Danube Island was next. It is a leisure space that offers people-powered swimming, cycling, boating, rowing, beach volleyball, and surfing. There was no information about how the infrastructure that supported the family beach, water playground, climbing park, and the world’s biggest floating trampoline center was powered, though. These were details I thought I would get as a given for electric travel.
I skipped past other natural sites of interest and landed on a restaurant called Habibi & Hawara. Its focus is on equity opportunities for people with refugee and migrant backgrounds serving an “Austrian-Oriental fusion” meal. Another restaurant, Luftburg Kolarik, offers traditional Austrian cuisine in the middle of the Wiener Prater Amusement Park. Ecological and social sustainability is an essential part of this largest fully certified organic restaurant in the world. Did you see the recent New York Times carbon self-assessment that included the startling statement that plant-based eating is essential for the world to achieve global warming of 1.5 °C above pre-industrial levels? It’s true, and both these restaurants fit the sustainability bill well as a result.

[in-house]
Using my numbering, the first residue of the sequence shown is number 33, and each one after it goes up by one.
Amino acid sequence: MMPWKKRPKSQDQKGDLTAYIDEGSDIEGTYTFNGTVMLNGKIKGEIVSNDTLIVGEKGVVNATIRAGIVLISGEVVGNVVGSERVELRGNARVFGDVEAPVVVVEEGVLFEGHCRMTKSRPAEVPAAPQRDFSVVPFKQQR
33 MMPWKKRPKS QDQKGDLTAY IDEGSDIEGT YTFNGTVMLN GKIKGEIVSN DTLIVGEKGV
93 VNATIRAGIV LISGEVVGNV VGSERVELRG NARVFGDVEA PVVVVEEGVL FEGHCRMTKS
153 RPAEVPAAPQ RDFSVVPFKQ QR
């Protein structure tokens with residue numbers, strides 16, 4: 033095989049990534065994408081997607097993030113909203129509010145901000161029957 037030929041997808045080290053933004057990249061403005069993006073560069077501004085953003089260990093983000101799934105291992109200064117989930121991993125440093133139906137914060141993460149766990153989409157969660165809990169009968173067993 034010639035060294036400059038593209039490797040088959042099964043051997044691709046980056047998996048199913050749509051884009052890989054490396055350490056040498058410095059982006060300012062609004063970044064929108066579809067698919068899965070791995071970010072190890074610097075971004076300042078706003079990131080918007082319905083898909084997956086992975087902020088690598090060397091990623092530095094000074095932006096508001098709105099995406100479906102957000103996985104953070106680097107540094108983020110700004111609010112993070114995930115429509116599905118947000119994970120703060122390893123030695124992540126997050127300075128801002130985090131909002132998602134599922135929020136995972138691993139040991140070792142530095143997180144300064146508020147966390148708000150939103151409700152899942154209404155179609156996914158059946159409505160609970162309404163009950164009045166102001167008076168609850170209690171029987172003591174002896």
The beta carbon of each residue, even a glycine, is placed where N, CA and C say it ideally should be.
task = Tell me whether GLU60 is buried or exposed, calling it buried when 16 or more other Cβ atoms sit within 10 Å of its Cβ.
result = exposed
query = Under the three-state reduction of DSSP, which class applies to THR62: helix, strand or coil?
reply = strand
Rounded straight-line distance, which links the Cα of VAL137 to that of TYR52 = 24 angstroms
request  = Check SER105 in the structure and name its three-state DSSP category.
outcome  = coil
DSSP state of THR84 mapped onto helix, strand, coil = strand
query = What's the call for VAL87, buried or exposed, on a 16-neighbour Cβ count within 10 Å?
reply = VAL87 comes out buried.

A cultural stop at the MAK – Museum of Applied Arts was reported to hold a unique collection of applied arts, design, contemporary art, and architecture with a curation that melds “powerful combination of past and future.” Probably sustainably situated more in the idea than physical realm, the description offered no information about how the building was heated and cooled, how its water is sourced, or how its resources are gathering in a circular fashion. The same gap of sustainability criteria applied to the Museums Quartier Wien, Palmenhaus, Prater Wien Amusement Park, and the Vienna State Opera House — all really cool cultural sites that I hope to visit one day, but I lacked a sense of how their mission statements adhered to setting and achieving sustainability goals.